Life goes on.  We knew there would be an end to this tunnel, or had to hold on to that thought to get through this year.  Still don't know where the end of the tunnel is, but at least it's in sight.

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Things are moving fast now. Since I work in Long Term Care and offer direct patient care, I"m probably going to be getting the vaccine sooner rather than later. I"m not in Toronto or Ottawa so it won't be right away, though. It's funny, people were talking about the vaccine as being something for the near future, like January (which is psychologically, still NEXT YEAR), but then to see it being distributed within DAYS... that's too soon. It has made people nervous because there are no studies showing FUTURE complications, and that is what they're most worried about. Many of my coworkers have a hard time understanding science and the science behind these vaccines and repeat things they have read on social media (including one who heard that Moderna has put microchips into their vaccine that will track everything you do, lol!!).

 

My other worry is that while people now see an end, it will make them less cautious in these all important winter months. They say the general population probably won't have the vaccine made available until spring time, and that leaves a lot of time for people to become infected if they let their guard down. We really can see the light at the end of the tunnel, but there are many twists and bridges etc., to be passed before we get to the end...

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@liv Indeed. I personally am not keen on being the very very first in line for the vaccine. I don't know how much a of choice I'm going to have though.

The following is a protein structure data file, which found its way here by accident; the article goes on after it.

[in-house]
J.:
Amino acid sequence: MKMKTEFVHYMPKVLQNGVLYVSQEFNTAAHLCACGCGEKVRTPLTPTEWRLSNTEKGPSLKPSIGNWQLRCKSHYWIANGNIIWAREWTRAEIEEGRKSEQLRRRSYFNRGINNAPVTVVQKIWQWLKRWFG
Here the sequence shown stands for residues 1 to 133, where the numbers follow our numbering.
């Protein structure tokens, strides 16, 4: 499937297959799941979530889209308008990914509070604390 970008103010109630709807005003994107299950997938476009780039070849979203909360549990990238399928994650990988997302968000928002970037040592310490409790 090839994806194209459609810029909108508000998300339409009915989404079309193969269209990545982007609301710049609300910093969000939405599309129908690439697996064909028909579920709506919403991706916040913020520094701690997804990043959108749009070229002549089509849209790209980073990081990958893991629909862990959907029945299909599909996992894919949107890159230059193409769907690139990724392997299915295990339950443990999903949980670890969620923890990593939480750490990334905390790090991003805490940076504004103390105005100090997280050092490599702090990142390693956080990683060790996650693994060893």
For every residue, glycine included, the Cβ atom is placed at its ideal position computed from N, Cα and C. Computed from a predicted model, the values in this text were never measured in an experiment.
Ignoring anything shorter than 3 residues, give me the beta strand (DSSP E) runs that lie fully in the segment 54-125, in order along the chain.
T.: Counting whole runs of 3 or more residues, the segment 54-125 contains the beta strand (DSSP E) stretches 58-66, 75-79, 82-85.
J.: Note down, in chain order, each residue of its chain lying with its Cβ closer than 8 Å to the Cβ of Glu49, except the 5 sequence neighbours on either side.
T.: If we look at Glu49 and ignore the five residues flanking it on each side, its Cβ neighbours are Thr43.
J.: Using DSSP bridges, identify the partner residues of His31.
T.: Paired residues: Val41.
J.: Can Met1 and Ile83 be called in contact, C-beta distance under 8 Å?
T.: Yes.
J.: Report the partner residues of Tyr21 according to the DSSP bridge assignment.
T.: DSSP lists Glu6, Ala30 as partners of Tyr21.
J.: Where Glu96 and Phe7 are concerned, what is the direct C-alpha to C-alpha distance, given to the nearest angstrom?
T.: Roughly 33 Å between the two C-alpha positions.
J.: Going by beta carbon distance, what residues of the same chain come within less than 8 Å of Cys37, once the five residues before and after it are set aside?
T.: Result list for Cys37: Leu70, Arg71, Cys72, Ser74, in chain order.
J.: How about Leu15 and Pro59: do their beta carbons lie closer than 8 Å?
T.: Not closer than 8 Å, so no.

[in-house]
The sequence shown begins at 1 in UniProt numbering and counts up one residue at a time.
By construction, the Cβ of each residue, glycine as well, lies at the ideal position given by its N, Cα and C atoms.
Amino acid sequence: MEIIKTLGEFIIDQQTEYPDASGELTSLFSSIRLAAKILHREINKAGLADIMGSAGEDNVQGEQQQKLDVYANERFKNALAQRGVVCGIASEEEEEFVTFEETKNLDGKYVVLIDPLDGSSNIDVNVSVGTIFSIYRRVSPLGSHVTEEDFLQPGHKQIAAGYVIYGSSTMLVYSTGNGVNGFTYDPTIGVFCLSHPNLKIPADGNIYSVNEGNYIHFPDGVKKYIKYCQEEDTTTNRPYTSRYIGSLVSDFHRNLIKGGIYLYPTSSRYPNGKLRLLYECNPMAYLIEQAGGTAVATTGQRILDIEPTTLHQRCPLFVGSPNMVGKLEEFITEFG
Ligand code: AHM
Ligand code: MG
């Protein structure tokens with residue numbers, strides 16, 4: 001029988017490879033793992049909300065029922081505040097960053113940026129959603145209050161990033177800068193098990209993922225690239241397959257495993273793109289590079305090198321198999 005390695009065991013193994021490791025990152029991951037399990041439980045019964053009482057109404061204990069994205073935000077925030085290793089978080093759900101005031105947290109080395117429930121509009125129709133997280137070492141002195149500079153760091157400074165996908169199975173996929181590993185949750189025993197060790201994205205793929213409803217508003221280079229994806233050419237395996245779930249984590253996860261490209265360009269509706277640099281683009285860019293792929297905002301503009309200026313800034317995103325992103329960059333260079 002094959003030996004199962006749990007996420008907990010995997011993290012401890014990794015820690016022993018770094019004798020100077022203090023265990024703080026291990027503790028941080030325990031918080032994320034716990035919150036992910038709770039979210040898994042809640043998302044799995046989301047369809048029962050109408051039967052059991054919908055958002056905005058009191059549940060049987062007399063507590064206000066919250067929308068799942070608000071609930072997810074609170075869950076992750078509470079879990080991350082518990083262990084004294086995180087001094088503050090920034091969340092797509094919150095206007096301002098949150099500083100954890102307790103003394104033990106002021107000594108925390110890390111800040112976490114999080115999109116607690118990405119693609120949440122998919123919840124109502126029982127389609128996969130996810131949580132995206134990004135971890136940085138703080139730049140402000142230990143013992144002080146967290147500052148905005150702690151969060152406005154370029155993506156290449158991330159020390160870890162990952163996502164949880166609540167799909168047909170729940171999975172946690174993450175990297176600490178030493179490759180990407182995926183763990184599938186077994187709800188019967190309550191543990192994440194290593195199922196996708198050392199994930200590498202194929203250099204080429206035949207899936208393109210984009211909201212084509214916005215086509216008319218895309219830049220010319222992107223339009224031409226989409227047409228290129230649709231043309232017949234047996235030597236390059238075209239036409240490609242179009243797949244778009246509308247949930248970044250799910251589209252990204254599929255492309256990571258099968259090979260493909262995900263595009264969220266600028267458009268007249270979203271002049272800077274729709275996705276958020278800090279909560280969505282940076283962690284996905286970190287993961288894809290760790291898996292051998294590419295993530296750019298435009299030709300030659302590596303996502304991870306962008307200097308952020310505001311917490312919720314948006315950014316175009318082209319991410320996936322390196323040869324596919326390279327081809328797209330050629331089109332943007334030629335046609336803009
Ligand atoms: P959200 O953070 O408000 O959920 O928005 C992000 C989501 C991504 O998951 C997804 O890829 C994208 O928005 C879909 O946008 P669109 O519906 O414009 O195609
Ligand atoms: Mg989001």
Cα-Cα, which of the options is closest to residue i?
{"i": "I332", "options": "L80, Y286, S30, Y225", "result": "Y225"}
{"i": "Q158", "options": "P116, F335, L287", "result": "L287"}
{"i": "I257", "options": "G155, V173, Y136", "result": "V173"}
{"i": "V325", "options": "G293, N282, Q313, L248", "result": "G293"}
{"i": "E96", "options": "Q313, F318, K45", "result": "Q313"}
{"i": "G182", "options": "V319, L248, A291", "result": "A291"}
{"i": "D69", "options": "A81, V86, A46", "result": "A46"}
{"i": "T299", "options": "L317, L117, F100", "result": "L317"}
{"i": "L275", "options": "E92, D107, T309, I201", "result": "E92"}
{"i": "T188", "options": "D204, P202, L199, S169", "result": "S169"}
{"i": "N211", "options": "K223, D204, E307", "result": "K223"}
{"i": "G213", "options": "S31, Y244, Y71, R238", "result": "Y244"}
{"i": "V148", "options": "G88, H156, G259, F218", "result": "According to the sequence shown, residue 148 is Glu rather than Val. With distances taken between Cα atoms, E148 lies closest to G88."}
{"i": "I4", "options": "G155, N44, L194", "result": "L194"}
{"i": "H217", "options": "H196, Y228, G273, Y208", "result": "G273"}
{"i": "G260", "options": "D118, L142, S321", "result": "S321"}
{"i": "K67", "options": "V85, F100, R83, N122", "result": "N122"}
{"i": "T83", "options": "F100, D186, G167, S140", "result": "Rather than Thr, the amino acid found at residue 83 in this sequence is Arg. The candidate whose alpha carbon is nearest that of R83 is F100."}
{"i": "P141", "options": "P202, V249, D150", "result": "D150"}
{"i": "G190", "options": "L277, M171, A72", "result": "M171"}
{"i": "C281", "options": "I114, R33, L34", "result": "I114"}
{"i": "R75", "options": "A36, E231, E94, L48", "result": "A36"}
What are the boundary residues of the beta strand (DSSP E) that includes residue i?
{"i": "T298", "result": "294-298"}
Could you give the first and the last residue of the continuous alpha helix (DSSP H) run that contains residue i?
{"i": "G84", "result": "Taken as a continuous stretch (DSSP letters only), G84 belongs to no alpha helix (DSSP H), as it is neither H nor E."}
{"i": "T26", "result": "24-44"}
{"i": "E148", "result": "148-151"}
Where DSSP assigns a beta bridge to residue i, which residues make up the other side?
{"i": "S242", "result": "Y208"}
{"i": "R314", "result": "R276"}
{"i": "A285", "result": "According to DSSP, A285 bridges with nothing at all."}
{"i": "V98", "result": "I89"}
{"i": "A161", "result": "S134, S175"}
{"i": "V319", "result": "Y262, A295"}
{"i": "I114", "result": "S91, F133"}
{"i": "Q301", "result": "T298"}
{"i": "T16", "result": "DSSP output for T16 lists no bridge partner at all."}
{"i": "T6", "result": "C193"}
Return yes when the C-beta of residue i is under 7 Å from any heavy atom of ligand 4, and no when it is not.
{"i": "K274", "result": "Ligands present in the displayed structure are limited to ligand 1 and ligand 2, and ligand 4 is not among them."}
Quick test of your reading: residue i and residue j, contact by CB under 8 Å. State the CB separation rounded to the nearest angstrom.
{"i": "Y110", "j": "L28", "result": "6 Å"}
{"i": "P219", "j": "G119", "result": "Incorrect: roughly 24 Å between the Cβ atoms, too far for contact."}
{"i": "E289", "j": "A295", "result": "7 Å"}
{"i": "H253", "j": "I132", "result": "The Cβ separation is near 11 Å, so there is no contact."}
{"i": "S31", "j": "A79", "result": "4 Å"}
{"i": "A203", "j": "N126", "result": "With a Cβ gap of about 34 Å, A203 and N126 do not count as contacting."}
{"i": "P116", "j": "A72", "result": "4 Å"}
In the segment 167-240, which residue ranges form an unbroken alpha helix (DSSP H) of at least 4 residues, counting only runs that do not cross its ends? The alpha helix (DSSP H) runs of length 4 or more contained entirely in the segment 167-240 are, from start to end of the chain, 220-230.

I kind of don't like that they're rushing it in before Christmas. Psychologically, what that's going to do is make a whole bunch of the grudging compliers, the ones who are only going along with public health measures because they must, gleefully cast off their masks and their distancing over the Christmas holidays 'because we have a vaccine now'. 

 

It ain't over 'til it's over. But at least now we know that it actually is going to be over at some point. 

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34 minutes ago, rockstaryuzu said:

@liv Indeed. I personally am not keen on being the very very first in line for the vaccine. I don't know how much a of choice I'm going to have though. 

 

I kind of don't like that they're rushing it in before Christmas. Psychologically, what that's going to do is make a whole bunch of the grudging compliers, the ones who are only going along with public health measures because they must, gleefully cast off their masks and their distancing over the Christmas holidays 'because we have a vaccine now'.